“I’m done fillin’ a cup with a hole in the bottom/And screamin’ the truth to a liar/Spent 10,000 hours tryna fight it with flowers/And the tree was already on fire,” Morris sings, addressing the country community that has apparently betrayed her. “I hung around longer than anyone should/You’ve broken my heart more than anyone could/Tryin’ to stop me won’t do you no good/I’ve already planted the seeds.”
In her statement, Morris said “The Tree” is about a “toxic ‘family tree’ burning itself to the ground. Halfway through, I realize it’s burning itself down without any of my help. This song evokes the pain of exhausting all your love and time for this person or ‘entity’ but realizing it’s just a draining, transactional relationship that isn’t nourishing in any healthy way. By the end of the song, I give myself permission to face the sun, plant new seeds where it’s safer to grow and realize that sometimes there IS greener grass elsewhere.”
The other The Bridge video released Friday, for the Antonoff-produced “Get the Hell Out of Here,” is the sequel, as Morris crosses a bridge and finds safety in a green pasture on the other side, while the blazing ghost town in the distance becomes buried in soot and ash. Morris explained that this track is about “being quite literally burned out” and is the “story of me feeling pulled in every direction, needing everyone else’s understanding and acceptance but my own and how self-destructive that ultimately became. I relinquish control of trying to change everyone’s mind or bad behavior and focus on my own power going forward. Doing the right thing can feel lonely at times, but there are more friends than foes, so I finally quit making myself one of them.”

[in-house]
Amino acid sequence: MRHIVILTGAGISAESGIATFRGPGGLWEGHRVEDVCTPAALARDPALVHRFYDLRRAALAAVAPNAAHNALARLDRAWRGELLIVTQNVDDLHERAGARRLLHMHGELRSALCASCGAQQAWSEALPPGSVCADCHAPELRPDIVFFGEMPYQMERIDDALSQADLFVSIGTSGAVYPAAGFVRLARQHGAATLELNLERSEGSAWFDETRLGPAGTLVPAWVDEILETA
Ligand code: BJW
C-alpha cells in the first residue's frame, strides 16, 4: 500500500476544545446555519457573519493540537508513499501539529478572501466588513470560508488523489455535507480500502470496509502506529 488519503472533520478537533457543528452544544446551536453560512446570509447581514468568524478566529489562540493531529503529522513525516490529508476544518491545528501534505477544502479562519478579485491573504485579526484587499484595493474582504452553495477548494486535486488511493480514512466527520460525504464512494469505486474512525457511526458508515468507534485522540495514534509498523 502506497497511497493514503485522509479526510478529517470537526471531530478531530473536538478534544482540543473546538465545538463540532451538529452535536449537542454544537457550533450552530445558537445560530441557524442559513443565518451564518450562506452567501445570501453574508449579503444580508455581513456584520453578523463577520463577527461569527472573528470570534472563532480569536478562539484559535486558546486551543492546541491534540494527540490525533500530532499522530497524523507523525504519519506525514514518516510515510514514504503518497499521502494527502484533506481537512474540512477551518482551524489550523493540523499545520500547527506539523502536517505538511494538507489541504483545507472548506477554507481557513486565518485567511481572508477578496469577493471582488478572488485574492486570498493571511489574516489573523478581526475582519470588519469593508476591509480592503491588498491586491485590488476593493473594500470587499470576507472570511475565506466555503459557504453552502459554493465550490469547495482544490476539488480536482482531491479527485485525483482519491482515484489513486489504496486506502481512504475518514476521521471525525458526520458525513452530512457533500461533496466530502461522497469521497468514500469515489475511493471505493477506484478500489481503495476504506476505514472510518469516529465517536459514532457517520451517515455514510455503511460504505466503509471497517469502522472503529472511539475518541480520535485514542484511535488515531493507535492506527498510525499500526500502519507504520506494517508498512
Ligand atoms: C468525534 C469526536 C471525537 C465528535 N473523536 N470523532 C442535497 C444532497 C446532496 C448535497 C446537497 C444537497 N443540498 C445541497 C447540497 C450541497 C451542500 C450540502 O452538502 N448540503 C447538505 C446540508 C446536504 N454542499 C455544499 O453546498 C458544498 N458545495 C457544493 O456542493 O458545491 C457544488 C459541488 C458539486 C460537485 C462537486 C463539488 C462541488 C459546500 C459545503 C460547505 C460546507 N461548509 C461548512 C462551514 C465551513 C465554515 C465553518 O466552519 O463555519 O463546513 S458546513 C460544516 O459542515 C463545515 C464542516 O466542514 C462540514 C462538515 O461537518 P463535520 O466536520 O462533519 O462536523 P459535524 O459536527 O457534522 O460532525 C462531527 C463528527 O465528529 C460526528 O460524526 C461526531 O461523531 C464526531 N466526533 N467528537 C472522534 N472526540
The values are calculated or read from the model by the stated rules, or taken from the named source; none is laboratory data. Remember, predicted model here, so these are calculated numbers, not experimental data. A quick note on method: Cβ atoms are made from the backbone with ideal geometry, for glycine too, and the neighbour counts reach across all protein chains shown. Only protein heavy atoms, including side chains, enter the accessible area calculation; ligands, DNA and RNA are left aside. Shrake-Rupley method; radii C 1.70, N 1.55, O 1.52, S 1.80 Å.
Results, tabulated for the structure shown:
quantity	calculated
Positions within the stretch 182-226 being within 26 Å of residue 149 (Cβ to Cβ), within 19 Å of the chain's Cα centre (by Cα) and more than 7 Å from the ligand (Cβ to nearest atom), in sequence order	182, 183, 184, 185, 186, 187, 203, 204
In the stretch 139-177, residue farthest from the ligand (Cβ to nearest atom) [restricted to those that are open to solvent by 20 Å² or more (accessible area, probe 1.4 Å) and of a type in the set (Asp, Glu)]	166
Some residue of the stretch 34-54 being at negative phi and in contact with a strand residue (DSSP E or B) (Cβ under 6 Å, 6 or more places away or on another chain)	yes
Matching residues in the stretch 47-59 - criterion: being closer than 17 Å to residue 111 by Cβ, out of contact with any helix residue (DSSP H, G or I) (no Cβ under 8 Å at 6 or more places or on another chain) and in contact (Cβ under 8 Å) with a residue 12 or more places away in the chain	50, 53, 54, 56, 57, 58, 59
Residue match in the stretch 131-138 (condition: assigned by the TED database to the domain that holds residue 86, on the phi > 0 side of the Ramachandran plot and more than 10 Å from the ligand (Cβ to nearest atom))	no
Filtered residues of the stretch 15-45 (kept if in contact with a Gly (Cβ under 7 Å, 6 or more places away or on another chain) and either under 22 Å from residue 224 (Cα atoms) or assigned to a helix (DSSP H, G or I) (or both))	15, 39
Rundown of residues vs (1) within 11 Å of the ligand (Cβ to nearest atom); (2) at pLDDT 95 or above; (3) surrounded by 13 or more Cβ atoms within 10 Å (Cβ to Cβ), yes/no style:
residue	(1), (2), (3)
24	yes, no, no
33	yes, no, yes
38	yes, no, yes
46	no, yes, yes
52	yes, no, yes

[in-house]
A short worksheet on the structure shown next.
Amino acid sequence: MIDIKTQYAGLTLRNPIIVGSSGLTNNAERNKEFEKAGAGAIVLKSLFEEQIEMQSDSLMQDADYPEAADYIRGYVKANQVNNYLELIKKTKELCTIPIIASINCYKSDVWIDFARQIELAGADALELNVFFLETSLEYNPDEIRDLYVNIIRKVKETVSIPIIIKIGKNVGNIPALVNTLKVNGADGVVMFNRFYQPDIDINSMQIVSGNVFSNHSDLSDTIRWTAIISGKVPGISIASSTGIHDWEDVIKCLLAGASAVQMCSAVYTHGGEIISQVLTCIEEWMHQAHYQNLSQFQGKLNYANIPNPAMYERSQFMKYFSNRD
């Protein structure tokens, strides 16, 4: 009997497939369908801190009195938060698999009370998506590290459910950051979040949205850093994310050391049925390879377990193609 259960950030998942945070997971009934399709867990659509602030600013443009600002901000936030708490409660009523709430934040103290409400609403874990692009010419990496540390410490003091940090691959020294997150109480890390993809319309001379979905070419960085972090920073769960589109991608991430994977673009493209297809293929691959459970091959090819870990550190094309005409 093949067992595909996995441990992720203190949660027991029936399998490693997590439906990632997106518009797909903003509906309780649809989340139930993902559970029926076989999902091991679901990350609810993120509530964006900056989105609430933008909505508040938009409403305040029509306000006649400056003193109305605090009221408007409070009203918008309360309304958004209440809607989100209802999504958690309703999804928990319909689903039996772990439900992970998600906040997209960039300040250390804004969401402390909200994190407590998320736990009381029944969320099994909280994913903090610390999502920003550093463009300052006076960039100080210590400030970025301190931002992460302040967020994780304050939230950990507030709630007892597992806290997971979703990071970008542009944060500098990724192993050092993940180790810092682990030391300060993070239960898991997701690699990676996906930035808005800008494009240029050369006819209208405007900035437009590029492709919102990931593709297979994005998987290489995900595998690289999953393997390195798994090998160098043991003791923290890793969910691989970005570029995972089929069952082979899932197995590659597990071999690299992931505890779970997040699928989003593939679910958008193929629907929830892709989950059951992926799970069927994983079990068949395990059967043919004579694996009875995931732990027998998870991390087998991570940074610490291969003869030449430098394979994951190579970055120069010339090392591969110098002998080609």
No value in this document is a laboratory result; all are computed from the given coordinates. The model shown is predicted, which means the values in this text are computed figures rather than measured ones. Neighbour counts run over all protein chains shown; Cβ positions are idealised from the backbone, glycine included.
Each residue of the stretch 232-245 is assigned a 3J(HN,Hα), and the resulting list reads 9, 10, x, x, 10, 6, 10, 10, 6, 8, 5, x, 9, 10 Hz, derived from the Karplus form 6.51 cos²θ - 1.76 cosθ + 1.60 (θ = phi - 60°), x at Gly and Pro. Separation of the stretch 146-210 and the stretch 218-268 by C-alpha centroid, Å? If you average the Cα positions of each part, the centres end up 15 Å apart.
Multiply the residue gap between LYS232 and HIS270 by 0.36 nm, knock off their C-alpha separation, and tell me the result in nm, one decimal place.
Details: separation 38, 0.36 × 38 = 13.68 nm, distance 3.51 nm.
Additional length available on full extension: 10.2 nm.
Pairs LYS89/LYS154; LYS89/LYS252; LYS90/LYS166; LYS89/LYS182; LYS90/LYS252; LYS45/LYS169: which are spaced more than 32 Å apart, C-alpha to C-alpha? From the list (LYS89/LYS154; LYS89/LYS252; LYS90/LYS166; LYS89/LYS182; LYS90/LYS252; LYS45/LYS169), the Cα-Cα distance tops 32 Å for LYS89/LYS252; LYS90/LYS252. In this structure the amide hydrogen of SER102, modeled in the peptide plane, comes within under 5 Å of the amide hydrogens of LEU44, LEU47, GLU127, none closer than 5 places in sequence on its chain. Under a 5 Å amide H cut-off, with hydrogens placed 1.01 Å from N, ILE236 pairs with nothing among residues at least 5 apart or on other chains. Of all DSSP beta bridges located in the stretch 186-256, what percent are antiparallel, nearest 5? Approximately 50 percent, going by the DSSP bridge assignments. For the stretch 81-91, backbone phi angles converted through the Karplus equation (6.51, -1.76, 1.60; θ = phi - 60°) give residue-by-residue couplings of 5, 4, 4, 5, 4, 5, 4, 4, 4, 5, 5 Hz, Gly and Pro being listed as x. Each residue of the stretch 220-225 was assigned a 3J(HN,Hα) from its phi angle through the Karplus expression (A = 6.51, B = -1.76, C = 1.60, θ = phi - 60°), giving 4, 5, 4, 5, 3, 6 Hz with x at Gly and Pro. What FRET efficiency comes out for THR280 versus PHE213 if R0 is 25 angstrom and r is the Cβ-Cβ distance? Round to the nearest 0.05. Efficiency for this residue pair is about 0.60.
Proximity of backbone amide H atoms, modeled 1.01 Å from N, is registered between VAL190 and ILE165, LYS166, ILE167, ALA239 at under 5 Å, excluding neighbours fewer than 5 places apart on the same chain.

Morris also described “Get the Hell Out of Here” to the Los Angeles Times as “really heavy” and “about disarming that trauma and saying, ‘I can’t bail water out of this sinking ship anymore. It’s so futile. I choose happiness.’”